The following day, after assisting staff at the Natalspruit Hospital in Ekurhuleni, east of Johannesburg, Mahlangu told IRIN that 40 babies had been evacuated from the facility due to the strikes and protests by medical staff.
"The army has arrived to provide medical care and security," at public health facilities throughout the province, and she had urged "those willing to work to come back" because the army could now provide security from violent protests, she told IRIN.
The Ministry of Defence said the military was assisting in the provinces of Gauteng, Limpopo and KwaZulu-Natal, and were on standby in Mpumalanga, Eastern Cape, Western Cape, Free State, North West and Northern Cape.
Mahlangu said contingency plans - like private companies taking care of linen and the army providing medical staff - meant "everything is in order", but she was pleading with the public "not to bring their loved ones to the hospital [unless absolutely necessary]", and for families to take home patients that could be discharged.
Local media reported a number of casualties, including babies, but Mahlangu said this was not necessarily a direct result of the picketing or absence of staff - "in any hospital, people die daily".
South Africa has around 1.3 million public servants, represented by 14 unions. According to the ministry of finance the government's latest offer of a 7 percent raise and R700 ($96) a month for housing would already exceed the budget allocation by R5 billion ($890 million) - money the government simply does not have.
It is struggling to meet promises to the poorest South Africans to deliver services like improved housing and access to electricity and water, and has been left with little room to manoeuvre.
The country "has many social and economic problems, but there is also a strong dosage of politics and ideology in here [the union demands]; there is a political angle to the negotiations," Dawie Roodt, a government finance expert, told IRIN.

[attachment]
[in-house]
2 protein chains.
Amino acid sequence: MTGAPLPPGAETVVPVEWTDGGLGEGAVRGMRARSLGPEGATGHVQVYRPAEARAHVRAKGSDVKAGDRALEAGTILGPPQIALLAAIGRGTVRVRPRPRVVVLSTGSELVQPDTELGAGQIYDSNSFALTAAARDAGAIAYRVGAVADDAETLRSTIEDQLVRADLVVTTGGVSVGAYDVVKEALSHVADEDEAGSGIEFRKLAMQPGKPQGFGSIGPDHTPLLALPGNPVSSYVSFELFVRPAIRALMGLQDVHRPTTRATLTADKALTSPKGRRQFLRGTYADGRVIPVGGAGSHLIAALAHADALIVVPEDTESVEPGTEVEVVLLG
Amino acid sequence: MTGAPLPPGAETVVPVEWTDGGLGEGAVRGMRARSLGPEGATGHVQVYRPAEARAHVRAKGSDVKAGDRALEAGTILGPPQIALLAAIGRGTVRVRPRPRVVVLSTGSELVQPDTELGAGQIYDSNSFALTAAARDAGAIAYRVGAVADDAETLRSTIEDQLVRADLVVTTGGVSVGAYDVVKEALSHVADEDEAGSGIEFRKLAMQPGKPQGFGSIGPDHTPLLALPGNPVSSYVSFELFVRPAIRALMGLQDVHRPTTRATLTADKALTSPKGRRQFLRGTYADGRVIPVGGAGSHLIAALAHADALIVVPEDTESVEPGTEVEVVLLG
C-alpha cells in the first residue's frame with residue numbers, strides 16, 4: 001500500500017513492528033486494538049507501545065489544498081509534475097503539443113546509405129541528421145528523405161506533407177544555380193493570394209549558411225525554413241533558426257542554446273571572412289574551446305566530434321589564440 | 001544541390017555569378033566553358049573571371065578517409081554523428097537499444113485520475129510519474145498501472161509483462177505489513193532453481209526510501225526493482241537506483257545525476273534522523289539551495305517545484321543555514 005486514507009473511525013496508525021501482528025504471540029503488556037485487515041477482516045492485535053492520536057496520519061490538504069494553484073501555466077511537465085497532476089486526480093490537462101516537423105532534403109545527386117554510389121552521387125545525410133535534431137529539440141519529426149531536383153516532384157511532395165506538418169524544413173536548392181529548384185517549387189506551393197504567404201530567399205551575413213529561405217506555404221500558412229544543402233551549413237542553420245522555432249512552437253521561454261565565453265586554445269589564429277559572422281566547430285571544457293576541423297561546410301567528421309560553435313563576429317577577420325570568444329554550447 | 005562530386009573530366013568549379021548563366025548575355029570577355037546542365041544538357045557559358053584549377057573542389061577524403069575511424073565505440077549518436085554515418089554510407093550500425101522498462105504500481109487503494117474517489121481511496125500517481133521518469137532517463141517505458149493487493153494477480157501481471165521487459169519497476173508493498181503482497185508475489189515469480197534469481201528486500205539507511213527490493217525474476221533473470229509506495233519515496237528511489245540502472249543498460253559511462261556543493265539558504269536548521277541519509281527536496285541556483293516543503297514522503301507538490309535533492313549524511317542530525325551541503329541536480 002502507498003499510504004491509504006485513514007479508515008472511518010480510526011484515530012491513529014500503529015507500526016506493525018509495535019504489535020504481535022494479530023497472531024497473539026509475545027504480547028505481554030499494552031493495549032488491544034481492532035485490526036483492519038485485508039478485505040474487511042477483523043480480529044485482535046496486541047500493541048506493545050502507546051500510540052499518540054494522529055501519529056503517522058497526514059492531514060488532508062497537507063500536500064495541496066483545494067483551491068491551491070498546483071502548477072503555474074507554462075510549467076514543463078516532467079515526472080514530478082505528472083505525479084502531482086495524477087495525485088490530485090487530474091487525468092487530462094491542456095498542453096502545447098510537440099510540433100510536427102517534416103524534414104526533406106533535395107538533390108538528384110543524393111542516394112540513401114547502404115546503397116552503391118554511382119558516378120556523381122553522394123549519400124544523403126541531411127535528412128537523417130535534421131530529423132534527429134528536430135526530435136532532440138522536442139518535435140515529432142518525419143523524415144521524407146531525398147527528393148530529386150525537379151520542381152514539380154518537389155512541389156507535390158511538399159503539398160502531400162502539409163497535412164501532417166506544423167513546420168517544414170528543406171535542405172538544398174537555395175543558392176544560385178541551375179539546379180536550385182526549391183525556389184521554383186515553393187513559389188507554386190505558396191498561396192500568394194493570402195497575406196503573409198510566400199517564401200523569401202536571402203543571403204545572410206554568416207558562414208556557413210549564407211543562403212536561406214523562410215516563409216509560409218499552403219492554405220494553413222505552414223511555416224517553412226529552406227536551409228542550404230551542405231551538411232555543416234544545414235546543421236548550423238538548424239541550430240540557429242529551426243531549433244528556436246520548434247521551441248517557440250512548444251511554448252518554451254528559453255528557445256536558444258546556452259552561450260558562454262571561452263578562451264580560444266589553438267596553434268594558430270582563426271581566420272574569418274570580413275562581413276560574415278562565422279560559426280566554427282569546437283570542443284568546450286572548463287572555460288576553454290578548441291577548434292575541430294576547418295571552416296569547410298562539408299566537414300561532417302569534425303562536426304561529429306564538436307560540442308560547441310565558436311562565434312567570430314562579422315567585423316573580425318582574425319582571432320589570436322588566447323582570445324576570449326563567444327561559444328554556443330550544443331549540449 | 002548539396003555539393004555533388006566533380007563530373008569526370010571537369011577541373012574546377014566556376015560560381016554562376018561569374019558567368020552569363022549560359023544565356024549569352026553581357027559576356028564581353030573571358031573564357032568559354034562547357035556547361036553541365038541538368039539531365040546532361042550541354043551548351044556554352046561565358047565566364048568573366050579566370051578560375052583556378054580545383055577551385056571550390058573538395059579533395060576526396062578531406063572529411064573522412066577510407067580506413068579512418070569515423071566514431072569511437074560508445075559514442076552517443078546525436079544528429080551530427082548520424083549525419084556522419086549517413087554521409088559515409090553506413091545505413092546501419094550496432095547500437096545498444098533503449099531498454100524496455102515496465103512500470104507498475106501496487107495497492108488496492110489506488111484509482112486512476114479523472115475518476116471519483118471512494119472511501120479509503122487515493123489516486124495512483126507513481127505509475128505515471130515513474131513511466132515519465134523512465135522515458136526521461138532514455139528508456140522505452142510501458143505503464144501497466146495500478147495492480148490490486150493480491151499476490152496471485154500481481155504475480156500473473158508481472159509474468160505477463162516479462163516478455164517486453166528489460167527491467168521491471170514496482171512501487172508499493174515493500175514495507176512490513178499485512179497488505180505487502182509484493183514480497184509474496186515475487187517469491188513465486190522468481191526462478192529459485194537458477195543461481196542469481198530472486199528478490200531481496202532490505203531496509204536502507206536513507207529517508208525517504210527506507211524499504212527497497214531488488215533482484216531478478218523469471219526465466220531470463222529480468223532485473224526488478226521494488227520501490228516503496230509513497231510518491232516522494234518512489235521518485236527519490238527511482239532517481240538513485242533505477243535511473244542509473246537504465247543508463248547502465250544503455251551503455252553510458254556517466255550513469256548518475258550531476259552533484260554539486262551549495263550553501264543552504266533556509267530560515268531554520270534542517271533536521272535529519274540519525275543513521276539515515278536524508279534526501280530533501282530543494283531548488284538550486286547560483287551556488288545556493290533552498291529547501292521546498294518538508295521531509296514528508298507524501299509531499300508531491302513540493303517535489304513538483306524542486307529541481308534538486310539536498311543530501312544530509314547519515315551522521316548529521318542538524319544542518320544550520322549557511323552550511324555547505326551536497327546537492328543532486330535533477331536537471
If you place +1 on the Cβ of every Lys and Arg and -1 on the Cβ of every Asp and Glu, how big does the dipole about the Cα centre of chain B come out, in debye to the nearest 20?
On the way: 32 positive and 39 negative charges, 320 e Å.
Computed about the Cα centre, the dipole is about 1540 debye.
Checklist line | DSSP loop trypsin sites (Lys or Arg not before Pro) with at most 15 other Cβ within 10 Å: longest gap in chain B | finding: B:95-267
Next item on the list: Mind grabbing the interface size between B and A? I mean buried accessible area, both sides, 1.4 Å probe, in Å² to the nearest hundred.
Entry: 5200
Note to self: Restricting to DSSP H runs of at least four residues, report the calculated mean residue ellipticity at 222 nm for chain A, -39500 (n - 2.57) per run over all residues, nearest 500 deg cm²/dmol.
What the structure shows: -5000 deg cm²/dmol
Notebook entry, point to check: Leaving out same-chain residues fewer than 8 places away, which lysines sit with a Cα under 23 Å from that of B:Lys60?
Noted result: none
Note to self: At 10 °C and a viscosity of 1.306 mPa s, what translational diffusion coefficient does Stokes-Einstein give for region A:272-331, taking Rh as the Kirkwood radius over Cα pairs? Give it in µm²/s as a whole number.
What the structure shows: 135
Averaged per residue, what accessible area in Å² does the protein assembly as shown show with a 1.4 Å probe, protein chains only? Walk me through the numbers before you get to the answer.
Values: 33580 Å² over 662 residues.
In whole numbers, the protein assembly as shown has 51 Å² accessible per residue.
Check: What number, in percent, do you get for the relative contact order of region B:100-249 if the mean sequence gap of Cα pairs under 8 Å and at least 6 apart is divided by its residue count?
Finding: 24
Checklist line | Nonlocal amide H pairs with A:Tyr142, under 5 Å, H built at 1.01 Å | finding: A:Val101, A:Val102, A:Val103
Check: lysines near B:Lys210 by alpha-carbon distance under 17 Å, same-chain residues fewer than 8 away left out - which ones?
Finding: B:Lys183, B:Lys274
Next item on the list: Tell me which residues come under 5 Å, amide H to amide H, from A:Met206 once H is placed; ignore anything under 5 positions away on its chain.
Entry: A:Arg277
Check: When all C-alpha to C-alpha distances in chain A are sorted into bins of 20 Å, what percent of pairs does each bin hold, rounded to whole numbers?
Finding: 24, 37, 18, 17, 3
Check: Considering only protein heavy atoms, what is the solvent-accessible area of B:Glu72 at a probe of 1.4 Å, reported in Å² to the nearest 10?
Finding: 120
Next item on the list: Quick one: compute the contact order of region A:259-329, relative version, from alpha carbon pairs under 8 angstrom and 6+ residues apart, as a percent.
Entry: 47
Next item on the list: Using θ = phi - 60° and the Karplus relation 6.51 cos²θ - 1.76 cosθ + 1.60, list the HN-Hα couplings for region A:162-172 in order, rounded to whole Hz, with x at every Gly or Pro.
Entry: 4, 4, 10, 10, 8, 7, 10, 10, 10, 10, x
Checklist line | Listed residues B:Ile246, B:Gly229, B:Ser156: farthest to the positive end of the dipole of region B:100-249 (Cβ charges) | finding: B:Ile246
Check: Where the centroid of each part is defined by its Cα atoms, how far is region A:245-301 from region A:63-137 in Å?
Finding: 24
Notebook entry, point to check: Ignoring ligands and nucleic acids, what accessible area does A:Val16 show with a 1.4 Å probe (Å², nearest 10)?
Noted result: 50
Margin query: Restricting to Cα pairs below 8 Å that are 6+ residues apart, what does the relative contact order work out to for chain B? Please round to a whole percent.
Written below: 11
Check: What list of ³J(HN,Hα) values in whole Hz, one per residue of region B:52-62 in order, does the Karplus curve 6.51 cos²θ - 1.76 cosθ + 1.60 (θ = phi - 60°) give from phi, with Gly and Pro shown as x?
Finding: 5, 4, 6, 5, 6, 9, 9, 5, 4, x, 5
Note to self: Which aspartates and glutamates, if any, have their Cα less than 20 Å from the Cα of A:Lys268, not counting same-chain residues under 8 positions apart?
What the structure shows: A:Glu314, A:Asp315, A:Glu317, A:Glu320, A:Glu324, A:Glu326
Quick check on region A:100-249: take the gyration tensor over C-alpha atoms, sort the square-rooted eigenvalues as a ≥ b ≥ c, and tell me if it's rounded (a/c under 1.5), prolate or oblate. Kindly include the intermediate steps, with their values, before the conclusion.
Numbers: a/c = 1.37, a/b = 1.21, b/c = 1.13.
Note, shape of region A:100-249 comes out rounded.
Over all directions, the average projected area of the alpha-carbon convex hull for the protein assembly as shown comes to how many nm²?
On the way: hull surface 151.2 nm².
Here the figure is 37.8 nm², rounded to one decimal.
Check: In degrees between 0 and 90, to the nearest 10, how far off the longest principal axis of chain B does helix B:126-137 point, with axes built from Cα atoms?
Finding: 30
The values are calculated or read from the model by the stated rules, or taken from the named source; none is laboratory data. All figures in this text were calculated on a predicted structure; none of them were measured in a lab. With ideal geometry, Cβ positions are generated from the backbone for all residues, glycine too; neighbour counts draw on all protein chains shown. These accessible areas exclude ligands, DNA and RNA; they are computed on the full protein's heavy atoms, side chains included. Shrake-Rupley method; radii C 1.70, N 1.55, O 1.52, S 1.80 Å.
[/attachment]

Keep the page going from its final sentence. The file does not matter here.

"It's not only about better pay, but also pressuring the state for redistribution of wealth to reduce inequality. Politicians have been 'over-promising' and most definitely 'under-delivering'," and although the government had taken the responsibility to effect social change, it has "bitten off too much".
The state and the economy could simply not afford to give in to union demands. "Fiscal deficit is six percent of GDP [gross domestic product]; this is not sustainable and needs to be reduced," Roodt said. That would mean a reduction in expenditure and an increase in taxes, or a combination of both.
Take it or leave it
Despite the strike, the public service and administration department said it would unilaterally implement its offer of a 7 percent wage hike and R700 housing allowance offer on 19 August.
"We urge the unions to change their position ... otherwise government will be left with no choice but to implement the offer," spokesman Dumisani Nkwamba said, and indicated that the government would implement the deal in three weeks' time.
"The government can't afford not to pay [the 8.6 percent wage increase and a housing allowance of R1,000 (US$137) per month that we demand] - our grievances are legitimate and genuine. If the government does not come to the table, we will escalate [the strike]," SADTU's Maluleke responded.
"There is never a good time to strike ... poor families will be affected negatively," he added. "But unfortunately the government has not been sensitive to our plight."